With only pockets of competitively priced investment opportunities in the U.S., real estate investors are roaming Europe looking for bargains.
U.S. institutional investors are moving more capital across Europe than ever before.
For example, officials at the $187.4 billion California State Teachers' Retirement System are selling off domestic real estate in favor of properties in Europe. In May, the $34.3 billion Illinois Municipal Retirement Fund, Oak Brook, launched a search for a core open-end European real estate fund manager for a $100 million account.
The $14 billion New Mexico Public Employees Retirement Association invested up to $75 million in real estate debt fund DRC Capital European Real Estate Debt Fund III; while the $24 billion Texas Municipal Retirement System and $3.7 billion Houston Firefighters' Relief & Retirement Fund committed $100 million and $25 million, respectively, to Kildare European Partners II, an opportunistic real estate fund.
Europe also is a target of managers. The five largest real estate funds doing road shows — targeting a combined $17 billion — will have exposure in Europe, according to London-based alternative investment research firm Preqin. The five are Blackstone Real Estate Partners Europe V, focusing on Western Europe; Blackstone Real Estate Debt Strategies III, targeting Europe and North America; Oaktree Real Estate Opportunities Fund VII, a global fund; Colony Distressed Credit & Special Situations Fund IV, also investing in Western Europe; and Hermes Real Estate Senior Debt Fund, investing in the U.K.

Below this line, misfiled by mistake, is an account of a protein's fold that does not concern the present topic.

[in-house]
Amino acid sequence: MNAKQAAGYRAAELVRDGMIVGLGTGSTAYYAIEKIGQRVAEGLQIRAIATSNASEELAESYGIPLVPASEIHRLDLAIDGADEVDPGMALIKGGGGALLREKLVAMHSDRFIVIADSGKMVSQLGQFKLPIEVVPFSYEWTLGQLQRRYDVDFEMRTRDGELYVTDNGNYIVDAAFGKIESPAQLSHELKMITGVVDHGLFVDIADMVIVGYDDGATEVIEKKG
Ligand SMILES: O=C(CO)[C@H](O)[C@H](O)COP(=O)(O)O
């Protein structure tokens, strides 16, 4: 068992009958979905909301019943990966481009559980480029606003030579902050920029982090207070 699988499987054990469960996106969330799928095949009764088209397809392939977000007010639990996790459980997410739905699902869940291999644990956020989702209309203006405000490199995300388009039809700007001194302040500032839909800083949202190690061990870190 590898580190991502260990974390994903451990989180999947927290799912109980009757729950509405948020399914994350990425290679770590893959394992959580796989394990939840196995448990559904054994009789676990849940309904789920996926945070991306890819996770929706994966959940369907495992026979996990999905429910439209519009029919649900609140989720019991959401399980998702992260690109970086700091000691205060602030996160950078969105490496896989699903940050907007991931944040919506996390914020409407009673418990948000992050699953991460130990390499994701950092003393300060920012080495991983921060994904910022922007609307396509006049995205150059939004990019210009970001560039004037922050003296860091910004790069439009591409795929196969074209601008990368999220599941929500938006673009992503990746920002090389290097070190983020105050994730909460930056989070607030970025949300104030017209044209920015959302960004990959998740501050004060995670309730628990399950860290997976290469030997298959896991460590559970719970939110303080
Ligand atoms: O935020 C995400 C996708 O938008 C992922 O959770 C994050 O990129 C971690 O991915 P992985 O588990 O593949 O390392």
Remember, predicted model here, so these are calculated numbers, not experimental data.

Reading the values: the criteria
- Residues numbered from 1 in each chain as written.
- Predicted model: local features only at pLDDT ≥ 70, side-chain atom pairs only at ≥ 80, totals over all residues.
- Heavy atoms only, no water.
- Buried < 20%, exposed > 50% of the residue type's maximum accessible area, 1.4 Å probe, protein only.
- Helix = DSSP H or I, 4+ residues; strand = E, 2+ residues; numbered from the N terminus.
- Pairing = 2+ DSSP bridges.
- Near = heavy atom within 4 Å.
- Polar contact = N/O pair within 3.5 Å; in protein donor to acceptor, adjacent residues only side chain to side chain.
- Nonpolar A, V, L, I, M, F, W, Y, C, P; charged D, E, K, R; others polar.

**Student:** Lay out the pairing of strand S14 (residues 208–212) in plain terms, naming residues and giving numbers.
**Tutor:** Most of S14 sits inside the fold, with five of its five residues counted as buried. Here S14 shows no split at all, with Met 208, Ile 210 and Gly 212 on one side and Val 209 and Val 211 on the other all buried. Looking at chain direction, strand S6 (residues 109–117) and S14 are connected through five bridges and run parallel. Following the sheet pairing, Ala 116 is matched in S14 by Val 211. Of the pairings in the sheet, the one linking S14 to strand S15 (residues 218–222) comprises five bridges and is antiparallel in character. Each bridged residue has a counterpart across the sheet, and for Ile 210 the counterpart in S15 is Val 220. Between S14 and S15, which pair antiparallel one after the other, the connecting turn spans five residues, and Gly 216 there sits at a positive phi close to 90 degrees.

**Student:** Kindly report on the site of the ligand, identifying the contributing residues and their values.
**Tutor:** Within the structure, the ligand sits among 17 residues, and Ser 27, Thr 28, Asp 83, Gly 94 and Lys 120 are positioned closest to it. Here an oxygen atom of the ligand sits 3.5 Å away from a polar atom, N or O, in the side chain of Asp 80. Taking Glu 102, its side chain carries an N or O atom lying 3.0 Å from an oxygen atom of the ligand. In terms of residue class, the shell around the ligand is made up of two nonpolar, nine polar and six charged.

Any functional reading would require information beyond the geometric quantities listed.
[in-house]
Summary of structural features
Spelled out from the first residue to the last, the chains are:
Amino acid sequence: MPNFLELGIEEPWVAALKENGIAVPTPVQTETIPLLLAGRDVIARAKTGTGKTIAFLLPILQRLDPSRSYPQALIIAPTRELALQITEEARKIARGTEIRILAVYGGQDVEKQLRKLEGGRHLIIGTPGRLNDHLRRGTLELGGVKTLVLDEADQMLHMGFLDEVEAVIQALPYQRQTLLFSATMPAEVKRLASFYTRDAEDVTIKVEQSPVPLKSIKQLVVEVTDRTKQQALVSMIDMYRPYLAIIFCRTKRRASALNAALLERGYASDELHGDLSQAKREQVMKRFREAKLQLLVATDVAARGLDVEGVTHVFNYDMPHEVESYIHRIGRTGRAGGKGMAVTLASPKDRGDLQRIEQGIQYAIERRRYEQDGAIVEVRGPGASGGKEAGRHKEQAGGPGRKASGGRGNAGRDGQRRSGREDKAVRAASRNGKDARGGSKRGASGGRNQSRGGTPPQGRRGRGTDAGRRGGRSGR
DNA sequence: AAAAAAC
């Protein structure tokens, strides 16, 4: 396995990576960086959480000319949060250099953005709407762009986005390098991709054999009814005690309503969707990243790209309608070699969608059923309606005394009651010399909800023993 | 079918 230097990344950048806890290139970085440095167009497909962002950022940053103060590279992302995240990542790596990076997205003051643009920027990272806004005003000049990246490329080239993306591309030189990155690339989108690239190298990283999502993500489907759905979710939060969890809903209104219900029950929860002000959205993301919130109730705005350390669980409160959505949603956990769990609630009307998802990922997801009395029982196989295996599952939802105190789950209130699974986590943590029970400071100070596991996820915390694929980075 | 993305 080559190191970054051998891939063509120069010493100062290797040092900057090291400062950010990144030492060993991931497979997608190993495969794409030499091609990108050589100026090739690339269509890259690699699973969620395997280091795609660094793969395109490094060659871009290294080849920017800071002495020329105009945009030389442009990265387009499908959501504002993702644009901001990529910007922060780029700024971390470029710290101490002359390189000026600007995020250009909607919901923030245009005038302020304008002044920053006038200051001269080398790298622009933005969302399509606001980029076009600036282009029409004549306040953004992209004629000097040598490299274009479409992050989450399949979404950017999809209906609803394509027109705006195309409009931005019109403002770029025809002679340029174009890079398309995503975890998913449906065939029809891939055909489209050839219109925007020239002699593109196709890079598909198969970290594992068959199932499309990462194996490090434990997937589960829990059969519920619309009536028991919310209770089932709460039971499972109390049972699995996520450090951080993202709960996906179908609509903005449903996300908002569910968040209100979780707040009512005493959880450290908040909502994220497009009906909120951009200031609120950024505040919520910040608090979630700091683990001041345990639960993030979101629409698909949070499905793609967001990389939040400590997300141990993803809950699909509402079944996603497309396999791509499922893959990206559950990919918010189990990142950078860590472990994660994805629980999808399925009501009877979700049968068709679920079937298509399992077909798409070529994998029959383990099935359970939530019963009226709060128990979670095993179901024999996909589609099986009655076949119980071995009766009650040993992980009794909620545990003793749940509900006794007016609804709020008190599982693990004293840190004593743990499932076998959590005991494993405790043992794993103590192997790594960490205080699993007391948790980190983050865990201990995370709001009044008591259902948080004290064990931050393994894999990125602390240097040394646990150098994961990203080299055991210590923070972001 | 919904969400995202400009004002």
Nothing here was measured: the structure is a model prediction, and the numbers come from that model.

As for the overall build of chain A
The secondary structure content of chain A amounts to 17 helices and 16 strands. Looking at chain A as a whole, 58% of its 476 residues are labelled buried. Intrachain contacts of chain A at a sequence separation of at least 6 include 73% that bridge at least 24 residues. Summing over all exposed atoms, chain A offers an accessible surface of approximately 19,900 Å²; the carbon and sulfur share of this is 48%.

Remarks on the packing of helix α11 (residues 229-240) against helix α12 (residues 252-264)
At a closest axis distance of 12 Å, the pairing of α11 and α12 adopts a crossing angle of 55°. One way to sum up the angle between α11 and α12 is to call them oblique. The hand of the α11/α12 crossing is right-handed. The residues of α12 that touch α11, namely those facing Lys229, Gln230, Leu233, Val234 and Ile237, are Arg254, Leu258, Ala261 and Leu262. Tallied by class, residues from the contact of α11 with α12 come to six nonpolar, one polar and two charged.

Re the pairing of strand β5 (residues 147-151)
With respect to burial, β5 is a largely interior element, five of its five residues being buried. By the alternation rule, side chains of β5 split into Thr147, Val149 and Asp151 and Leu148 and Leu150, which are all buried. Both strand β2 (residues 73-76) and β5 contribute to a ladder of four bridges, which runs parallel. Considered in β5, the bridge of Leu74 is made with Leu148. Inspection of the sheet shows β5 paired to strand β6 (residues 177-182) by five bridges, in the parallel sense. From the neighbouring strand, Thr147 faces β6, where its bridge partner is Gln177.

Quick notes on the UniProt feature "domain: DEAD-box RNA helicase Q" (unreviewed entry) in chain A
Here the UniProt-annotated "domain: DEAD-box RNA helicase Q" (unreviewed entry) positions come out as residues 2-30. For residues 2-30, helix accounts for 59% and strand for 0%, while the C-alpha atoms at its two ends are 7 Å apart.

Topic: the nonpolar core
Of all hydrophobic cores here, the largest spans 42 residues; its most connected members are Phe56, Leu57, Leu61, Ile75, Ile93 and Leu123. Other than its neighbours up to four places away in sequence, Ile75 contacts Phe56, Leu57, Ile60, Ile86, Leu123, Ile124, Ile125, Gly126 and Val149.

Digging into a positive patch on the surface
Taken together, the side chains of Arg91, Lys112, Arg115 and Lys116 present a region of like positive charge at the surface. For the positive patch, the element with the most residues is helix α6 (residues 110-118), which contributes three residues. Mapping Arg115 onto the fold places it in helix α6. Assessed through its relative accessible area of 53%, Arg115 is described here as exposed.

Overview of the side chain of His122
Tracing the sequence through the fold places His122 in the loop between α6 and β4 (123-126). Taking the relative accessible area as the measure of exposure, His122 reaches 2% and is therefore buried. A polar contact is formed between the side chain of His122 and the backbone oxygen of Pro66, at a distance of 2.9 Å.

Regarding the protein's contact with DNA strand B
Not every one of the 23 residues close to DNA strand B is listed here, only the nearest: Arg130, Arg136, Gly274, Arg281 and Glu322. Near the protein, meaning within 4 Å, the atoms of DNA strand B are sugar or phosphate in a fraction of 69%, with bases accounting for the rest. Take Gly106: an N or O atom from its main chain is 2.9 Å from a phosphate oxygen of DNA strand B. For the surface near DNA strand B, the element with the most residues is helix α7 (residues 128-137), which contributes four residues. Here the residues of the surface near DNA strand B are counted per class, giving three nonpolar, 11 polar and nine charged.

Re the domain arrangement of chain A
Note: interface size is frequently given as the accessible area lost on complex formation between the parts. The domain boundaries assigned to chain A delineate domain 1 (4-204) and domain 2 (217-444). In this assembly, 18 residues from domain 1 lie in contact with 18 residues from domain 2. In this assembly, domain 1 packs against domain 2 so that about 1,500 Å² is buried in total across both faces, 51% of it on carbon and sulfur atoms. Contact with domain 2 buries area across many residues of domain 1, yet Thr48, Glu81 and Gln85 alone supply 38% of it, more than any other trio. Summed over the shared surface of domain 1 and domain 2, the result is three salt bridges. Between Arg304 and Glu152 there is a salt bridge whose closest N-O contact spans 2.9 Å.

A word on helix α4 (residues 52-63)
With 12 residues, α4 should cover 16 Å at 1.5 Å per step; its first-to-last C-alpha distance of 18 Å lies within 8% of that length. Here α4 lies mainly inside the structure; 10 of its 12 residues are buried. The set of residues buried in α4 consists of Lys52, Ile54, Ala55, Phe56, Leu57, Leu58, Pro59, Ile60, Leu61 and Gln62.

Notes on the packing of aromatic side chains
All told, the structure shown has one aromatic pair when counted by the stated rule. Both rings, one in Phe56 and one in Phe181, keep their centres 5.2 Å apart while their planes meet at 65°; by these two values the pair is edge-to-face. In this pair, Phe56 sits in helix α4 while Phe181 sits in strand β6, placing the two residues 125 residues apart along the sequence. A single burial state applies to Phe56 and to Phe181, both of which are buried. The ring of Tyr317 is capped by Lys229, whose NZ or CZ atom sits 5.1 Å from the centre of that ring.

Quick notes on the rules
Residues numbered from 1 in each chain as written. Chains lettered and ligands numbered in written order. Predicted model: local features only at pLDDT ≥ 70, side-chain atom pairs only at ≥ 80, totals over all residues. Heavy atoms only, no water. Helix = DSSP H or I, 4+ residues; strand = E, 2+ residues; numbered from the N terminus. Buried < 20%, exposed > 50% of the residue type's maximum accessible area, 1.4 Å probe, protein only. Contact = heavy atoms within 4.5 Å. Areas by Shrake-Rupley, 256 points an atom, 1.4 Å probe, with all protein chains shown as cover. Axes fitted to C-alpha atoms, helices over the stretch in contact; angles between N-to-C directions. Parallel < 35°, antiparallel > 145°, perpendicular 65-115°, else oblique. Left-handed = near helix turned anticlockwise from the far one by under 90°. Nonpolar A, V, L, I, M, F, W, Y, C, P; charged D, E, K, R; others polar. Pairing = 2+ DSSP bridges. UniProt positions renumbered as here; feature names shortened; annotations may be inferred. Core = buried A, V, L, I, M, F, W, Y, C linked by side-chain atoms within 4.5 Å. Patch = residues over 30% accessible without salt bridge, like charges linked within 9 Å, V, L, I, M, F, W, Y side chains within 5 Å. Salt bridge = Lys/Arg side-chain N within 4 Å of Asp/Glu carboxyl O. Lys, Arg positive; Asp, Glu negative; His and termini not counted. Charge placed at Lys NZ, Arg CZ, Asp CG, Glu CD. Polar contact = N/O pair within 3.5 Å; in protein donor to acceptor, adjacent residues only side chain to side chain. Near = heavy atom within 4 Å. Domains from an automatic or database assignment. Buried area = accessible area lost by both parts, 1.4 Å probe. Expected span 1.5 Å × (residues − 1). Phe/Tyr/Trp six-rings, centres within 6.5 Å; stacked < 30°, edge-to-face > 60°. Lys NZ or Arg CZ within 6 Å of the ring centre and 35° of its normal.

Opportunistic managers were the first to invest in Europe to take advantage of distressed opportunities. Now, U.S. institutional investors are directing massive amounts of capital to Europe to take advantage of the region's anticipated recovery, said Sabina Kalyan, a managing director and head of European research in the London office of real estate manager CBRE Global Investors.
Real estate investors and managers think the U.S. market is overpriced and quantitative easing is coming to an end, which could lead to higher interest rates and cause the U.S. economy to slow. And that would be bad for real estate. Rents in hot markets such as New York and San Francisco are already starting to drop.
“The U.S. has had the best years of its cap rate compression behind it,” Ms. Kalyan said.
Europe is in the early stages of a classical economic recovery, so there is more opportunity for real estate investment growth, she added.